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Reasons for Updating Traffic Signs

December 16, 2019

Traffic signs are a permanent fixture of culture, yet must still be maintained and replaced from time to time. Sometimes new signs are needed to replace old signs that have faded or become damaged. Other times new signs are needed to meet government compliance. Here are scenarios to consider to help keep sign replacement under control.

Lifespan of Traffic Signs

Ideally, traffic signs should last for at least a decade. Fortunately, many new signs of the past decade are expected to last much longer than in the past. A study by MDOT, Minnesota’s transportation agency, found that the typical service life of a sign is 10 to 20 years, which is longer than most warranties. The study further found that weather did not play a significant role in degradation of sign reflectivity. However, it did find that sign color can fade faster than degradation of reflectivity.

Meeting New Regulations

The small town of Round Rock, Texas, recently decided to replace 7,000 street signs to meet federal government compliance. The city had to pay about a quarter million dollars to replace the signs so that they complied with retroreflectivity levels set by the Federal Highway Administration’s MUTCD manual on standards for traffic control devices.

Out of the six options the MUTCD gives for meeting retroreflectivity requirements, Round Rock chose that in which annual retroreflectivity scans are not required and sign replacement can be done every 7 to 10 years. Since 2014, the FHA has mandated that retroreflectivity levels must be at or above minimum levels listed in the MUTCD. It’s important for signs to be retroreflective at night to reduce traffic accidents.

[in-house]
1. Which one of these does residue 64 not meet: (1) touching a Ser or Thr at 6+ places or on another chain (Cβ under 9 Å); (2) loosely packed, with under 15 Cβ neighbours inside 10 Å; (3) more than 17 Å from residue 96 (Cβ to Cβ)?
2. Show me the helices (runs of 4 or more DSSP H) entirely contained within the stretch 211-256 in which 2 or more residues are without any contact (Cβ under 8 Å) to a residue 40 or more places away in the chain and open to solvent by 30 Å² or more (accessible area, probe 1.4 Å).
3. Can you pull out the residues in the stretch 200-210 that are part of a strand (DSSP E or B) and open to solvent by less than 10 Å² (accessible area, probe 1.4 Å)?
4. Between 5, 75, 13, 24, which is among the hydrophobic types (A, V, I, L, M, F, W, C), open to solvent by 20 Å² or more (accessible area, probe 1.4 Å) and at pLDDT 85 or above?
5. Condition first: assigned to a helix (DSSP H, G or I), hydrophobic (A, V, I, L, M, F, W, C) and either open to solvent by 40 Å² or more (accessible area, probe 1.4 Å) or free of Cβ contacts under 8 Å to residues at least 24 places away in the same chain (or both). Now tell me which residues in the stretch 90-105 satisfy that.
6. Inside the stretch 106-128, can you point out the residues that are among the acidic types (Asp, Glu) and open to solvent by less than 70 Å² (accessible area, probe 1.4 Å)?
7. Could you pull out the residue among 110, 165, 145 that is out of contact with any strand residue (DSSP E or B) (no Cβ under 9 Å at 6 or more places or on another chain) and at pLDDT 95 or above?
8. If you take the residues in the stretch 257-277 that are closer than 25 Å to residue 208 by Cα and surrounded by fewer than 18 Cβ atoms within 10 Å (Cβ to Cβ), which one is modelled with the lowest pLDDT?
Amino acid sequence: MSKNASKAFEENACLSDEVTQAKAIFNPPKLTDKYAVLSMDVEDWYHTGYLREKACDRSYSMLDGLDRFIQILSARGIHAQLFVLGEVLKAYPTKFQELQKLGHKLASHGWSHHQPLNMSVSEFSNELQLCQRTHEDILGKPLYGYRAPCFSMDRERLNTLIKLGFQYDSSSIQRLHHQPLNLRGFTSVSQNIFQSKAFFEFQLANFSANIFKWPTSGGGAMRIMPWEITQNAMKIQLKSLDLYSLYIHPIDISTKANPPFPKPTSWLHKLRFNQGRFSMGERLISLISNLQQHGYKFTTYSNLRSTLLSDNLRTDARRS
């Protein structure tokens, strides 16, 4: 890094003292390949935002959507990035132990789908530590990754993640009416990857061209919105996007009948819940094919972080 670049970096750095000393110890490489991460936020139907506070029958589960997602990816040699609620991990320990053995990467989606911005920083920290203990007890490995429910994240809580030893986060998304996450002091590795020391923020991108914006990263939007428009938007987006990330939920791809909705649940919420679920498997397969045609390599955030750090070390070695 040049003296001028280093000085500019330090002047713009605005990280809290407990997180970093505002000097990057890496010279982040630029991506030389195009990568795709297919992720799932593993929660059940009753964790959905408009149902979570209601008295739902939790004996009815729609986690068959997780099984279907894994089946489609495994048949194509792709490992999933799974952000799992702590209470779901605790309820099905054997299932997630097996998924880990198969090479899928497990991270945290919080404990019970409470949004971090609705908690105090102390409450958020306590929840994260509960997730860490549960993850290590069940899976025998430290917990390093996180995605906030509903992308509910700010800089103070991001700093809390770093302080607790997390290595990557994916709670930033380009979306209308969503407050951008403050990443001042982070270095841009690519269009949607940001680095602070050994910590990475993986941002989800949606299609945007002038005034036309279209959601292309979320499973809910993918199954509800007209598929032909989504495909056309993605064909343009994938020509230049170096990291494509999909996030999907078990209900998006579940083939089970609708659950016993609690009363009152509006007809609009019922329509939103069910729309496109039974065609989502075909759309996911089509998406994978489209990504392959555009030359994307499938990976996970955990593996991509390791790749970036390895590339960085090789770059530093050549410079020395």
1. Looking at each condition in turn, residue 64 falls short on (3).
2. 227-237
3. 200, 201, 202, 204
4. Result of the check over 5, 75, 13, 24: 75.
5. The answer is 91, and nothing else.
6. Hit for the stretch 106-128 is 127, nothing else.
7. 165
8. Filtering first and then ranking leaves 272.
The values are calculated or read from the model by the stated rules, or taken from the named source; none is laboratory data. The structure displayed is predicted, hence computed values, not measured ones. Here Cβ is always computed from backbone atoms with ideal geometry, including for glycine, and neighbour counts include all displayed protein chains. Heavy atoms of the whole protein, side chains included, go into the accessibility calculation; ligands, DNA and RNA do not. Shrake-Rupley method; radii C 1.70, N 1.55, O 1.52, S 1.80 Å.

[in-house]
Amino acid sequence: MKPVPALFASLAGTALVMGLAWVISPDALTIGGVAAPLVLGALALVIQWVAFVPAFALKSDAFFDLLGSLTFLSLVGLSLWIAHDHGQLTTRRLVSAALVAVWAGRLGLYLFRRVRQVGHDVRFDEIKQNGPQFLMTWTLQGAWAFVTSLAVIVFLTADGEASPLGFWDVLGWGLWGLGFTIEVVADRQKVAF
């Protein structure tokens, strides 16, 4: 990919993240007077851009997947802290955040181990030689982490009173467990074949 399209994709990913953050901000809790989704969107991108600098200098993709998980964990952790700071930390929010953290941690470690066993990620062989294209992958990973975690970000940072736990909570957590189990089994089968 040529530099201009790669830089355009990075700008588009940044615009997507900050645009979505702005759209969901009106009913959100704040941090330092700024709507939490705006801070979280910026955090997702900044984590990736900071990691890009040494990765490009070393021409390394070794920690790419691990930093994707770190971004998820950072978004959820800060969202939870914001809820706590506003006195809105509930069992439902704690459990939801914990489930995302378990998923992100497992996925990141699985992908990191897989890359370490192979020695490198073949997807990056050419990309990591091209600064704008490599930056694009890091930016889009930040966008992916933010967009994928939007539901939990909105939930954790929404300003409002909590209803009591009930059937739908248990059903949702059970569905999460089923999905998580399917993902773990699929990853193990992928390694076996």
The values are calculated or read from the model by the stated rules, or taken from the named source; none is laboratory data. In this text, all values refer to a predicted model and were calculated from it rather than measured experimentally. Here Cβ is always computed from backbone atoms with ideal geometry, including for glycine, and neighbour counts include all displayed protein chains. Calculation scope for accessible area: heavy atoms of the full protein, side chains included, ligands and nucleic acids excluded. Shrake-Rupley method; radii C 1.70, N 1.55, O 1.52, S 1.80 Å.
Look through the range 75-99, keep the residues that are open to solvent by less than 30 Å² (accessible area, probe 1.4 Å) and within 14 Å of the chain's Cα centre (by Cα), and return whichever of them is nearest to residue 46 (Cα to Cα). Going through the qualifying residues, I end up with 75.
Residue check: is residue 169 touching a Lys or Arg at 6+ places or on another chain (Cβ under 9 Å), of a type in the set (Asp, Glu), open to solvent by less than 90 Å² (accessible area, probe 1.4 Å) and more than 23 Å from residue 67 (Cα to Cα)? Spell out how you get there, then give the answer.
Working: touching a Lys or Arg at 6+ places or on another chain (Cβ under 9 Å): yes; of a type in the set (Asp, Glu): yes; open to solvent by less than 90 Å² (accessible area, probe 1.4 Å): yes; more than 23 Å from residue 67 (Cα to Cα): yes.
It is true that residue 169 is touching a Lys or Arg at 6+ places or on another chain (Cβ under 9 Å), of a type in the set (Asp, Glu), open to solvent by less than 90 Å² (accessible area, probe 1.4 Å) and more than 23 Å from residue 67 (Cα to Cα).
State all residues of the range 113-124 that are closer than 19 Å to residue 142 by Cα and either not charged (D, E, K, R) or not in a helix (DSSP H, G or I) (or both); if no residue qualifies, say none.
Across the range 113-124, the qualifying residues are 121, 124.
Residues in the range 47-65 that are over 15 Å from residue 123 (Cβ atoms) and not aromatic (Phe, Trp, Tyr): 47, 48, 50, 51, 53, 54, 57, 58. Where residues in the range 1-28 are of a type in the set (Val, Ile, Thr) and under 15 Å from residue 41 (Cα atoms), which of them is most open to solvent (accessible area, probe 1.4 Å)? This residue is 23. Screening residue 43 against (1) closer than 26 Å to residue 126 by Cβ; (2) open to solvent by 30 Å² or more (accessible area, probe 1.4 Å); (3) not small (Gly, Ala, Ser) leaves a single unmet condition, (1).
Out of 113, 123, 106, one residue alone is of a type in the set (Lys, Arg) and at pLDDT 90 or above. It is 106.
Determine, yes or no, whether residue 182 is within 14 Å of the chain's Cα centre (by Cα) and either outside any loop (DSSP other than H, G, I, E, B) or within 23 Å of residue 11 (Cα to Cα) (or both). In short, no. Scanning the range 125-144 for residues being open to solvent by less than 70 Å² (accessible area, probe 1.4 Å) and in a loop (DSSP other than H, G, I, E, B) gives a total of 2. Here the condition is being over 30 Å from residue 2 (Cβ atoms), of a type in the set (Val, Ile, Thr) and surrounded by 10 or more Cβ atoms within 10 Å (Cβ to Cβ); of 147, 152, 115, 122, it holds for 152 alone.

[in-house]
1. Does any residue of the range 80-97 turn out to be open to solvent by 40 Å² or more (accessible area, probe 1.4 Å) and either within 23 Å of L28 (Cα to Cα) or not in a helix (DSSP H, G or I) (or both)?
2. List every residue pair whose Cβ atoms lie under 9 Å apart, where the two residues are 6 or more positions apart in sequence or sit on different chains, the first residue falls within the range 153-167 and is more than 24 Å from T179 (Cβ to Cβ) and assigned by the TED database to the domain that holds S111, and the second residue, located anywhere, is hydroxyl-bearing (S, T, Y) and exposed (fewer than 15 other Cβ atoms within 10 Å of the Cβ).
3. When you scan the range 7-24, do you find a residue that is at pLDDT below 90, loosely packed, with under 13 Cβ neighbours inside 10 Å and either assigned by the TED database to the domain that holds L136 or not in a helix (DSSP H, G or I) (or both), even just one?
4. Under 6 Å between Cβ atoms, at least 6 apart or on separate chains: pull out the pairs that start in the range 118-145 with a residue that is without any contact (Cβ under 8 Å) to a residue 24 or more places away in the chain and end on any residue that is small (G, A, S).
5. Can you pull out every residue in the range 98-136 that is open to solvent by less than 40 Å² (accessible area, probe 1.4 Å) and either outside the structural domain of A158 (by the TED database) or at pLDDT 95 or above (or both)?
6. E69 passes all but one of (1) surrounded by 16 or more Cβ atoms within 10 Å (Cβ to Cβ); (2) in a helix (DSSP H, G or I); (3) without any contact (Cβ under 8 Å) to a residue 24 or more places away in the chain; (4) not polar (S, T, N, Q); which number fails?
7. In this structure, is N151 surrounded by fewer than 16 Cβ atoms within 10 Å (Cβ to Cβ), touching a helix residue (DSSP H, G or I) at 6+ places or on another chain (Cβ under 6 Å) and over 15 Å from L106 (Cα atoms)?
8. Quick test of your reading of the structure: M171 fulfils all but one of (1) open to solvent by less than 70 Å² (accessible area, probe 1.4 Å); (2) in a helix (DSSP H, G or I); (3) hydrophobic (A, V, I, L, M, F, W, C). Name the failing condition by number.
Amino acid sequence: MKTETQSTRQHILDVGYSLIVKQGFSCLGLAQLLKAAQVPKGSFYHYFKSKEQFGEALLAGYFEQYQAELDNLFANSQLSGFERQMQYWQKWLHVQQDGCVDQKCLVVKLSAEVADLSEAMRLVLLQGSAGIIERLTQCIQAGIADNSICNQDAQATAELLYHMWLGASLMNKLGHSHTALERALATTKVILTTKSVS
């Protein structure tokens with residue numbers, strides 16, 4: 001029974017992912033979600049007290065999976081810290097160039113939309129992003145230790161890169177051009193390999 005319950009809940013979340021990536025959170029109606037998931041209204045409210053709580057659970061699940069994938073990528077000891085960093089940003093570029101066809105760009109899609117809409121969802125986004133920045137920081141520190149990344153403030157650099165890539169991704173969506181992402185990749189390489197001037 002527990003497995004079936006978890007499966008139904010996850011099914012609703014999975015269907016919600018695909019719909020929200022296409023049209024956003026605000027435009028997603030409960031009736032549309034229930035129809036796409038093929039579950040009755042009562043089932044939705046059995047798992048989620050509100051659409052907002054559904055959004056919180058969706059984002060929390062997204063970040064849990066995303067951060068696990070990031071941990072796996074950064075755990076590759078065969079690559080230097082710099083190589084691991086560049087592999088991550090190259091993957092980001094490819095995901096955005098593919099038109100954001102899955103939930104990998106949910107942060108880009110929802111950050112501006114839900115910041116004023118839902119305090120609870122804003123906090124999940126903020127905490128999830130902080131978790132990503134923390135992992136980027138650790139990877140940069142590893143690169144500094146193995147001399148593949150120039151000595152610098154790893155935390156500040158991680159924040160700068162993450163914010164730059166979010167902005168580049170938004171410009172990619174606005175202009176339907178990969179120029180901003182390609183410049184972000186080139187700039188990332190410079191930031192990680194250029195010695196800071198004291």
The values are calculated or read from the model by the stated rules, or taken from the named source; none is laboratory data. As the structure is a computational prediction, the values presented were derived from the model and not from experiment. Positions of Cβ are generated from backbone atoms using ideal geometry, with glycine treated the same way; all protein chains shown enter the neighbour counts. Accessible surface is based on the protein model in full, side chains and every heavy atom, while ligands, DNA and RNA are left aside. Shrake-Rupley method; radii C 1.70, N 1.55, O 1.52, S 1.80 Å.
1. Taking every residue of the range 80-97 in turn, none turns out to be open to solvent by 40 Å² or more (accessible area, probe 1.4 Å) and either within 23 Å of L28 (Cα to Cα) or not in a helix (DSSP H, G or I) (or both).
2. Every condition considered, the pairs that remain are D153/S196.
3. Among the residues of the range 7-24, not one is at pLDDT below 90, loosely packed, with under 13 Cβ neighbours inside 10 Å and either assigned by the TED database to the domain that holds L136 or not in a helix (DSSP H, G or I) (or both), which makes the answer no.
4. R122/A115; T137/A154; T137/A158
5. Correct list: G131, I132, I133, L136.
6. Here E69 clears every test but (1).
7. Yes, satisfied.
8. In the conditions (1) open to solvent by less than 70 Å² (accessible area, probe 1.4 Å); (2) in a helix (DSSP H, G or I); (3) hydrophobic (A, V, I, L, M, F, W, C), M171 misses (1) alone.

Overcoming Vandalism

When vandalism occurs to traffic signs, it’s important for local officials to take action right away to restore or replace such signs. Leaving vandalized signs in place simply sends out a negative message to the community that vandalism is tolerated. It’s particularly important for schools to clean up graffiti as soon as possible so that it doesn’t encourage more defacing of signs.

Many times vandals use spray paint on signs to add words or letters that make a mockery of the sign. Vandalism can be reduced by using special coating on aluminum that makes removing spray paint easy. It’s important that the protective layer does not strip away graphics when cleaned.

Standardizing Signs

Some local jurisdictions decide to install new signs simply to create a more uniform look. The town of Berryville, VA, for example, determined in 2019 that several signs were mismatched in terms of lettering size and background color and did not meet federal regulations. The town is going through development of new subdivisions and its officials have decided it’s time to make signs more consistent.

One of the issues that arose was that not all stop signs used the same shade of red or were the same height. Local officials also have considered standardizing alumium thickness and how far signs should be posted from curbs.


Road signs should be inspected periodically to make sure they meet federal, state and local standards for visibility and readability. Contact Zumar at our Arizona, California or Washington location to learn more about the longevity of traffic signs.

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